when there are 5 or 6 people you don't normally email involved in the discussion and it is actually relevant. That said it can be annoying but spamming people back usually works to stop their blantant abuse of the system

     

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  30.  
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    Jasen Webster (profile), Feb 2nd, 2009 @ 7:34pm

    Gmail

    I took extra measures to add the Google Lab in Gmail so the Reply All button appears by default. :)

    In the business world, the Reply to All button should be removed from the quick menu bars but not the actual drop down menus. This doesn't prevent the use of reply to all, but rather makes it a more conscientious decision.

     

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  31.  
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    Anonymous Coward, Feb 3rd, 2009 @ 4:36am

    Reply All doesn't annoy me as much as idiots who can't strip hundreds or even thousands of email addresses and headers out of a forwarded message before sending it. I get emails all the time on my blackberry that are nothing but forwarded headers that cause the message to be truncated. And then it's usually a one or two sentence message that wasn't worth scrolling down for in the first place.

     

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  32.  
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    chris f (profile), Feb 3rd, 2009 @ 7:54am

    Zappos.com Reply all hat

     

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  33.  
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    S, Feb 3rd, 2009 @ 8:35am

    Wy can't you....

    Well, with reply all disabled, why can't you just copy and paste the recipients?

    Ctrl-C & Ctrl-V disabled too?

    Can't make anything idiot-proof because idiots are so ingenious.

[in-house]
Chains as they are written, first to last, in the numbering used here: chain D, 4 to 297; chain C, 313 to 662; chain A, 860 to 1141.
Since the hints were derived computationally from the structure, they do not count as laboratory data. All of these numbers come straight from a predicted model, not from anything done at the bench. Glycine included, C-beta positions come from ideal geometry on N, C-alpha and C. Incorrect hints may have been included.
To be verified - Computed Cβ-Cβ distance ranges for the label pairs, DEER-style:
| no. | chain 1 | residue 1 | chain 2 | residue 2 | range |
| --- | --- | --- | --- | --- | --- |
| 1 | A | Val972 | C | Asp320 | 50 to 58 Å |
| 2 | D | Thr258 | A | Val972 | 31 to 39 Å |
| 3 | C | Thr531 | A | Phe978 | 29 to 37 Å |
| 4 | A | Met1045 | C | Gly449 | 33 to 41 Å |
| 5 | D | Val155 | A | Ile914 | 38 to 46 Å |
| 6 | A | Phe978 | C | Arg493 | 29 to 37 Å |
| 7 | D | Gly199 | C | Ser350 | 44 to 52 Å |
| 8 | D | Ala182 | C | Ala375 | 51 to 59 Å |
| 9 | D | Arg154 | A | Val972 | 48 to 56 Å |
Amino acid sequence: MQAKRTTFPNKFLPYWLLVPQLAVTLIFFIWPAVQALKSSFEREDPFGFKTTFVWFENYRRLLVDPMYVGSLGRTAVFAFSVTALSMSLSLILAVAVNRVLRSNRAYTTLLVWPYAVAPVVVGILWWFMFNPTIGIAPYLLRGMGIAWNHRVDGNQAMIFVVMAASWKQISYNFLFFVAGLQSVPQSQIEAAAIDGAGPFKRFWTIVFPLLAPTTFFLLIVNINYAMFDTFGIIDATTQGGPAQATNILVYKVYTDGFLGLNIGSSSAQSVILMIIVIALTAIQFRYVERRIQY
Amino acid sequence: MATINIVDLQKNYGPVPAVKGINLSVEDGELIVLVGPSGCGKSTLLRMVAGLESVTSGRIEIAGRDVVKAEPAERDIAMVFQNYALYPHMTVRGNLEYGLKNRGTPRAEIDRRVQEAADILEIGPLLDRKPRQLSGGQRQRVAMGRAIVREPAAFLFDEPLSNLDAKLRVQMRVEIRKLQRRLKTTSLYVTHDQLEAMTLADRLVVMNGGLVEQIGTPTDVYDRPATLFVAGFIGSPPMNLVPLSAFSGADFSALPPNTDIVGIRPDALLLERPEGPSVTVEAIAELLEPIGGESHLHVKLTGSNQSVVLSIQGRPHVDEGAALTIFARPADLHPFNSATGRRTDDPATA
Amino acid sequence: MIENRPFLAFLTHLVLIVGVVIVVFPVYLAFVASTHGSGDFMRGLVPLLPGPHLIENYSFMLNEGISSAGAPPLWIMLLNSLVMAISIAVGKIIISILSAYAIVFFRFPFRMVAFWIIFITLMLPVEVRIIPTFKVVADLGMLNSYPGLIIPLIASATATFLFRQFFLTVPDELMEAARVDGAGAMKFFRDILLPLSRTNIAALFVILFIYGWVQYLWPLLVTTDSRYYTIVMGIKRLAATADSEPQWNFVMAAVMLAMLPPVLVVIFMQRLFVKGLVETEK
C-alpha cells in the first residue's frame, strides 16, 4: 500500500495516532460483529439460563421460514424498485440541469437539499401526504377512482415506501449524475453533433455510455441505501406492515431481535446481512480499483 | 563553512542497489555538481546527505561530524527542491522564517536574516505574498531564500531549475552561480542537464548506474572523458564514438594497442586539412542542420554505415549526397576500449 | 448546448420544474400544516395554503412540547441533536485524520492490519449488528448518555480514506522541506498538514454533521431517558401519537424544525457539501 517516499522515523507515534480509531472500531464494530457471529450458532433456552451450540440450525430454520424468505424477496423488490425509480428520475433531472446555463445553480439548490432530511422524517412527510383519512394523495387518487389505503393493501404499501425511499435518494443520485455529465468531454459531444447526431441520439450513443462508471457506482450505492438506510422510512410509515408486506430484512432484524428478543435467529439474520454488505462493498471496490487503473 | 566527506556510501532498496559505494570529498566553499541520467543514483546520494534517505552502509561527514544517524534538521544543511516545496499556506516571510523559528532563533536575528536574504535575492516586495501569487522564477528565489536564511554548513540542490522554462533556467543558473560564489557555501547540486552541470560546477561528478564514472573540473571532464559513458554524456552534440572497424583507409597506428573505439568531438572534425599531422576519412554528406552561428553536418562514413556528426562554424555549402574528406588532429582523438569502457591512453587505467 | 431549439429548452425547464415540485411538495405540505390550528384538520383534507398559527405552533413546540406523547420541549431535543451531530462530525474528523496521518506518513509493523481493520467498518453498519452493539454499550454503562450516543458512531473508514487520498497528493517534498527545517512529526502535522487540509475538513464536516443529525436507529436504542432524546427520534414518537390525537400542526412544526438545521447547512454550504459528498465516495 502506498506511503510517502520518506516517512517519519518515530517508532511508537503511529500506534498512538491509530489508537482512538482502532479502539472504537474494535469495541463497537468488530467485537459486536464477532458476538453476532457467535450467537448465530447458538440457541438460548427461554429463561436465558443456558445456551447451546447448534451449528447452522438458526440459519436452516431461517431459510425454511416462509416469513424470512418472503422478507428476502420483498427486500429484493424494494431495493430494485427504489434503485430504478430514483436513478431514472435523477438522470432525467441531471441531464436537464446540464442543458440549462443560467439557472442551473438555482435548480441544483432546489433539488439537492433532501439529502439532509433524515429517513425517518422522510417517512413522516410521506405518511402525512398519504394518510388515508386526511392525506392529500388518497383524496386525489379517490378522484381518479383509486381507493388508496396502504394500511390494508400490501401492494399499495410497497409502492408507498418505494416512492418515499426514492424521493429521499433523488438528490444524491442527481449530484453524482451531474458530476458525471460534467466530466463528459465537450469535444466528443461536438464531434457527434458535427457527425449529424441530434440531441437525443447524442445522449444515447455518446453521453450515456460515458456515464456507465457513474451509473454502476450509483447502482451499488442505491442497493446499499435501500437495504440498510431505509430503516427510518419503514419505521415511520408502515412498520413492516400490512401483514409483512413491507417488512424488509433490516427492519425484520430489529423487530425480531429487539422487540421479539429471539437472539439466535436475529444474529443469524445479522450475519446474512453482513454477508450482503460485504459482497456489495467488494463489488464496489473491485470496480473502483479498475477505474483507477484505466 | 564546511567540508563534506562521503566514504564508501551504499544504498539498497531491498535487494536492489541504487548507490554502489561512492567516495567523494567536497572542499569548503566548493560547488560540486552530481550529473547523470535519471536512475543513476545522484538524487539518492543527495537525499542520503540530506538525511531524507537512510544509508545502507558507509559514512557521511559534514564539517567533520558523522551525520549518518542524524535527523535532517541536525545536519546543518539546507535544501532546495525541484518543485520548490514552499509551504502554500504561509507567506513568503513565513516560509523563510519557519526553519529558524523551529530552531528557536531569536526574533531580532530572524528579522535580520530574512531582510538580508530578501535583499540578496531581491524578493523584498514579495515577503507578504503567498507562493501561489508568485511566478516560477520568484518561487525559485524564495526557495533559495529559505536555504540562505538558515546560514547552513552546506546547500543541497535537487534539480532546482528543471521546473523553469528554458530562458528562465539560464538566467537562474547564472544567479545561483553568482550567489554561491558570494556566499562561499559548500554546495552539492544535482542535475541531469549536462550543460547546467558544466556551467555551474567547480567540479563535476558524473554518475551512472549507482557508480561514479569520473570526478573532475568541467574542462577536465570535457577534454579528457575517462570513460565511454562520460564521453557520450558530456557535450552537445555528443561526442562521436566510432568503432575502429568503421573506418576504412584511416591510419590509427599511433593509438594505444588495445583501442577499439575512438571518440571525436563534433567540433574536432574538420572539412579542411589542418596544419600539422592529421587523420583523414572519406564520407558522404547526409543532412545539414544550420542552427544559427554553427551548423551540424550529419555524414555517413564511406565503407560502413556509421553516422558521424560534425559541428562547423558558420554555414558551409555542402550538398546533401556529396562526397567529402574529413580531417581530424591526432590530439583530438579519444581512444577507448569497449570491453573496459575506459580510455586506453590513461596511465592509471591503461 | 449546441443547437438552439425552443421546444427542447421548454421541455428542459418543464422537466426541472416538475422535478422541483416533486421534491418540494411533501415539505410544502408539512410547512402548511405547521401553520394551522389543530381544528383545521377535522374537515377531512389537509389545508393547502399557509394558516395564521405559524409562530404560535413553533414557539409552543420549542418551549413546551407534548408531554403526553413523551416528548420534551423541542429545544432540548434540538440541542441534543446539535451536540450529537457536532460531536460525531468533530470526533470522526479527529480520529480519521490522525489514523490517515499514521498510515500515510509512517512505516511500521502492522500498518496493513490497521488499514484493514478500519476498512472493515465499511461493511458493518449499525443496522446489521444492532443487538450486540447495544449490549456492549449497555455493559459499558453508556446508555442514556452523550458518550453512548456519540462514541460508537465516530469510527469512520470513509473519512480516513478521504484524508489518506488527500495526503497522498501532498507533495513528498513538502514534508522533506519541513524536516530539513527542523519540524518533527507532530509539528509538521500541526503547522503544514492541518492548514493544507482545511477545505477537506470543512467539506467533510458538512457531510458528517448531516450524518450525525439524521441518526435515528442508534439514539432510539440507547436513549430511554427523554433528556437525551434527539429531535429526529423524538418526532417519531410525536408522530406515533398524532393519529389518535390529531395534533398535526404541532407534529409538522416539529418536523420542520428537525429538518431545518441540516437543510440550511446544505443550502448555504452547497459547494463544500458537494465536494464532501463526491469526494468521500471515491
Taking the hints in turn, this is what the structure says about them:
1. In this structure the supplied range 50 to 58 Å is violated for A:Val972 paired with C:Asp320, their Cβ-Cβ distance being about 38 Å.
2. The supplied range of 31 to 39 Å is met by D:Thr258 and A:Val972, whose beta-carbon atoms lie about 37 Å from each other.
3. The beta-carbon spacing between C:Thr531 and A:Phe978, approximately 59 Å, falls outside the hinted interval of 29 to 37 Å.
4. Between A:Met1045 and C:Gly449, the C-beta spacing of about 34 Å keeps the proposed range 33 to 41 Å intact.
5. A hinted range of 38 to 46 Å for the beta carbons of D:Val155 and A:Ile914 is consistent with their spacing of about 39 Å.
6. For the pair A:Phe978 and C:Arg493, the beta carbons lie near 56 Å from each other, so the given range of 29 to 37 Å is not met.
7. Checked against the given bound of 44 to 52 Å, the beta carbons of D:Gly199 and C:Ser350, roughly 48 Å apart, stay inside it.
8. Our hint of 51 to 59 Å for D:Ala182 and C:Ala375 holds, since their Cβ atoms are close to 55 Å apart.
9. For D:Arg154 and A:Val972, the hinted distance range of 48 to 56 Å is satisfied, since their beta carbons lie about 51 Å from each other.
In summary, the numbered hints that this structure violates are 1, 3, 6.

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  34.  
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    Mark Rosedale (profile), Feb 3rd, 2009 @ 9:34am

    Reply All is essential to work

    I work in IT, but even if I didn't there are many times (and I mean many) where reply all is essential to work. I think the problem would be when people reply all to a distribution list that includes most, if not all, of the workers for that organization. This is simple to fix you make the list private and those using it include it in the BC and have their own address in the to. Then if someone replies all it will go to the original sender. Beyond that it is well within an organizations rights to send out memo or require user training to avert such behavior.

    I would be annoyed when someone cc's a bunch of people who will all want the reply and I have to hand enter every email address. Clearly this company is only looking at the problem and forgetting that the solution may be worse than the initial problem. You would think someone in their IT department would tell them a better way or of the values of reply all.

     

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  35.  
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    Brian Carnell, Feb 4th, 2009 @ 4:31am

    The Real Problem Is With Mass E-mail Distribution Lists

    "that is why global lists should be sent blind copy. the problem there is with the people creating the email just as much as the people hitting reply to all."

    I'd go further and say it is *entirely* on the folks who insist on e-mailing dozens or hundreds of people in the CC field.

    In many cases not only is this annoying but it is downright stupid because it reveals information that the recipients don't need to know about the rest of the recipients.